\( % Arcus cosine. \def\acos{\cos^{-1}} % Vector projection. \def\projection#1#2{{proj_{#1}\left(#2\right)}} % Vector rejection. \def\rejection#1#2{{rej_{#1}\left(#2\right)}} % Norm. \def\norm#1{{\left\|#1\right\|}} % Cross product. \def\cross#1#2{\mathit{cross}\left(#1,#2\right)} % Dot product. \def\dot#1#2{{#1 \cdot #2}} % Magnitude. \def\mag#1{{\left|#1\right}} \def\group#1{\left(#1\right)}} \def\sbgrp#1{\left\{#1\right\}} \)



Programs (libraries and executables) are structured into modules each of which can be maintained and consumed individually. A module provides a compile-time and run-time protocol for its consumption by other programs. The foremost goal of these libraries are that each of them can be understood, maintained, and consumed on its own.

Names of modules

A module has a canonical name which is of the form [A-Z]([A-Z]|[a-z]|[0-9])* and should follow pascal case conventions. This canonical name gives raise to the naming the executables and libraries, files, and folders of the module as well as the names of functions, types, and macros provided by the module.

Consuming a modules at compile-time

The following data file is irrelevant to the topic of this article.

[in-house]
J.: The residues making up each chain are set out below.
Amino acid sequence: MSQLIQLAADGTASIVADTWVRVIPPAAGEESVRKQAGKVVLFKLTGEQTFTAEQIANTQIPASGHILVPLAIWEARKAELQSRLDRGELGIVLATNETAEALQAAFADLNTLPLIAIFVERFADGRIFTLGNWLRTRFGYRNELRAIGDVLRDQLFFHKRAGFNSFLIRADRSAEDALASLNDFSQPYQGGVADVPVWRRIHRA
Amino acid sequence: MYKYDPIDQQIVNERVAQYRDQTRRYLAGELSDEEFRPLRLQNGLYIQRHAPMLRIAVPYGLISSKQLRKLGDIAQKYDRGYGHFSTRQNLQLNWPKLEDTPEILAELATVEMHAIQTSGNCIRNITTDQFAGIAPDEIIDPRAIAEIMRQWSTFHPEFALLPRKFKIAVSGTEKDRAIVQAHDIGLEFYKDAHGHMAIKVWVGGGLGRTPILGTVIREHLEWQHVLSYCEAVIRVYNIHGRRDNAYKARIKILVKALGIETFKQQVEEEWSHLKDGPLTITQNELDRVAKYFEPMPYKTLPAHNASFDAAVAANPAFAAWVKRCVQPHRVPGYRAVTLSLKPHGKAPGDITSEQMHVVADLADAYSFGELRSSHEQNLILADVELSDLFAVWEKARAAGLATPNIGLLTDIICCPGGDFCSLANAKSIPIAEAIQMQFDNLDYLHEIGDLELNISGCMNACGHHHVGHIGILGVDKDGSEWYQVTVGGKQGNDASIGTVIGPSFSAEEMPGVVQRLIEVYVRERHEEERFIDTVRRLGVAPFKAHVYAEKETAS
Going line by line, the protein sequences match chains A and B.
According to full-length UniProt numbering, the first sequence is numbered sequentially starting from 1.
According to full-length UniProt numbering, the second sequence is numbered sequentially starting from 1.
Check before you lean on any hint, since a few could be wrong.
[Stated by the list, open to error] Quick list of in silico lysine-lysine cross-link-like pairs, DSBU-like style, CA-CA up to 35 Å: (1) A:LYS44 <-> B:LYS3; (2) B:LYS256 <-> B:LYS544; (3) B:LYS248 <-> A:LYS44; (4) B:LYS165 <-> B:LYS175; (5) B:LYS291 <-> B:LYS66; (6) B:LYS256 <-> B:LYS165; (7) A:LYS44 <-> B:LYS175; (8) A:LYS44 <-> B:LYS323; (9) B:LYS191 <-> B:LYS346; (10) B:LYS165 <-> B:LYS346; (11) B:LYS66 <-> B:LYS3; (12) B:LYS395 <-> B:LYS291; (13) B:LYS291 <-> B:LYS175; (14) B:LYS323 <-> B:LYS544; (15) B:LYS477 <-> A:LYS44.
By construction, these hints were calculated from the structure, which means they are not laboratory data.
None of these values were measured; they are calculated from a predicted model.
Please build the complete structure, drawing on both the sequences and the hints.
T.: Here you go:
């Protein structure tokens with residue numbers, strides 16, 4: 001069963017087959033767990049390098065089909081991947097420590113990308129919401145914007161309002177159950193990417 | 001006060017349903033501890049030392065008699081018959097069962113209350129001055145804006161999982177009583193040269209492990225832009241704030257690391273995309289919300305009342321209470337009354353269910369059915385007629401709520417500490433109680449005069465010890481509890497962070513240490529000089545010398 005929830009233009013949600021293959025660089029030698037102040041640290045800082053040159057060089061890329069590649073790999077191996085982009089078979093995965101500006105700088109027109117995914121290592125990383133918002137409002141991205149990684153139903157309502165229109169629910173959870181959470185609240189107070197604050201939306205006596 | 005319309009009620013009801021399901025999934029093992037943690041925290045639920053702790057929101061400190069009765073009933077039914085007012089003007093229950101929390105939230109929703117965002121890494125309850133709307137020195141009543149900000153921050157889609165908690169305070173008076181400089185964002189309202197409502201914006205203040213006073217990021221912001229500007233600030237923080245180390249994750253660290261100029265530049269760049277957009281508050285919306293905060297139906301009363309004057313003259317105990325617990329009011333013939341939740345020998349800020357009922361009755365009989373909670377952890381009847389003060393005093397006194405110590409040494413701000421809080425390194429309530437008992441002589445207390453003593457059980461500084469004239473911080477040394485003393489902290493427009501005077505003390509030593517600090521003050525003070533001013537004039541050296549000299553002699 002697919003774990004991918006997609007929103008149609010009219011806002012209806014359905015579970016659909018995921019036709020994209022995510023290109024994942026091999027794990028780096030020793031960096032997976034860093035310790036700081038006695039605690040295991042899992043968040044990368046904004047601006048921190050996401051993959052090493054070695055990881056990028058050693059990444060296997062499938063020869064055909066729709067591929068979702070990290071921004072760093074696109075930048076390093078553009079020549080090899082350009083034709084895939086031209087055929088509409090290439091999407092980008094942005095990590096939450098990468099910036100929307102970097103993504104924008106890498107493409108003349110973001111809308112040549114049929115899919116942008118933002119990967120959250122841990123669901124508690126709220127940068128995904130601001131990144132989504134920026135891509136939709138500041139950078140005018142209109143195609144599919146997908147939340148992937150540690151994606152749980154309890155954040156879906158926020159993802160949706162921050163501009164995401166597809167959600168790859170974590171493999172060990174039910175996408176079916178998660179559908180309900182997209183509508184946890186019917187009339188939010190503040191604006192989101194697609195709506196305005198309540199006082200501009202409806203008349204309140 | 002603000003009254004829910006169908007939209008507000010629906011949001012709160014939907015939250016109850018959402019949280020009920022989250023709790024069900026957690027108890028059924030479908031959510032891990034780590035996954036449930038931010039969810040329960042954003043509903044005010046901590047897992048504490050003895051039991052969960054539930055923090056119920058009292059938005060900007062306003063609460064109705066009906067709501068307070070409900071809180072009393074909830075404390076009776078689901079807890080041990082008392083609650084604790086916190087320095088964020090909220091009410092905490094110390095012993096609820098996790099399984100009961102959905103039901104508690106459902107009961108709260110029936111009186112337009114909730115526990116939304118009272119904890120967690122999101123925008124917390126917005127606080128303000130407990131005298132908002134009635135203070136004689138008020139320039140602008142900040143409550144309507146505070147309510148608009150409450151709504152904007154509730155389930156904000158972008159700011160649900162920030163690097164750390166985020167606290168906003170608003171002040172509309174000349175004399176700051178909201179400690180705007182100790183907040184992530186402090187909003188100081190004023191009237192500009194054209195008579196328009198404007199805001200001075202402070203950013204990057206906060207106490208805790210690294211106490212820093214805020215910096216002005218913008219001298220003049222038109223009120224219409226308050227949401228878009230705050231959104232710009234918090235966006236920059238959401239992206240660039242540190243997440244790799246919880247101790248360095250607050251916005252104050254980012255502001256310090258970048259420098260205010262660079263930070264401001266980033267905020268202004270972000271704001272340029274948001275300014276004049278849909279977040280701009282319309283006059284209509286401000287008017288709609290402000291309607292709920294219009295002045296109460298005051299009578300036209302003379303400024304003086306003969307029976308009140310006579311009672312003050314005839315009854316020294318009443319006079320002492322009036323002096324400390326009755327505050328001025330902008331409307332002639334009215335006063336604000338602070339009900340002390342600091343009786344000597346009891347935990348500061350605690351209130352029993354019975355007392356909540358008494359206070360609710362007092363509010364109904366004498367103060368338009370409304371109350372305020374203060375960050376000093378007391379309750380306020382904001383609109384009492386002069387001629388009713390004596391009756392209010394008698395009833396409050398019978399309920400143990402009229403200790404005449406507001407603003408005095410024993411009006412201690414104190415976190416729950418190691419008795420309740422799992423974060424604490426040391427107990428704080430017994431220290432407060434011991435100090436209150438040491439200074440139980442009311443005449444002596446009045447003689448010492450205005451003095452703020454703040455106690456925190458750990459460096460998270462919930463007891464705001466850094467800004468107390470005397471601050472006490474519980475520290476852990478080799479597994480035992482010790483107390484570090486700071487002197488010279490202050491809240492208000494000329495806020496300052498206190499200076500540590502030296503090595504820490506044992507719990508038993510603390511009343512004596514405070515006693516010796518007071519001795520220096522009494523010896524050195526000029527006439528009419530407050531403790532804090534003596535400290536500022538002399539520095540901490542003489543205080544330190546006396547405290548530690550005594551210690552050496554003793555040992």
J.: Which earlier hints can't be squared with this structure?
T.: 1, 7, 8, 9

A library with a name Name provides a single header file Name.h and a static library file [Name].lib. To consume a library, you need to make sure both files are found by the compiler of the consuming program. Also note that Name.h may include other header files of the library. Usually, there proper way to consume a library is descibed for supported compilers. Next step is to include the header file where required and link the consuming program with the static library.

Consuming a modules at run-time

A library provides declarations of functions, definitions of types, and macros - in short everything a normal C library offers. There is a restriction though: Functions of a libraries may only be used while a library handle is held. That is, before functions of a library are called, at least one library handle must be acquired by the process. When all calls have terminated and the handle is no longer required the library handle must be relinquished. You can acquire another library handle at any later point of time again.

Acquire a library handle for a library [Name] by calling the function Ring1_[Name]_ModuleHandle Mkx_[name]_ModuleHandle_acquire() and relinquish the library handle by calling void Ring1_[Name]_ModuleHandle_relinquish(Ring1_[Name]_ModuleHandle). Both functions are provided by every library. Acquisition might fail: In that case Ring1_[Name]_ModuleHandle_acquire returns Ring1_[Name]_ModuleHandle_Invalid. Ring_[Name]_ModuleHandle_relinquish silently ignores an invalid library handle.

Example: The filesystem library

The following example demonstrates how to acquire and relinquish a handle for the FileSystem library.

#incude "Ring1/FileSystem.h"
#include <stdlib.h>

    int argc,
    char **argv
  Ring1_FileSystem_ModuleHandle handle = Ring1_FileSystem_ModuleHandle_acquire();
  if (!handle) /* Or equivalently: if (Ring1_FileSystem_ModuleHandle_Invalid == handle) */
    return EXIT_FAILURE;
  return EXIT_SUCCESS;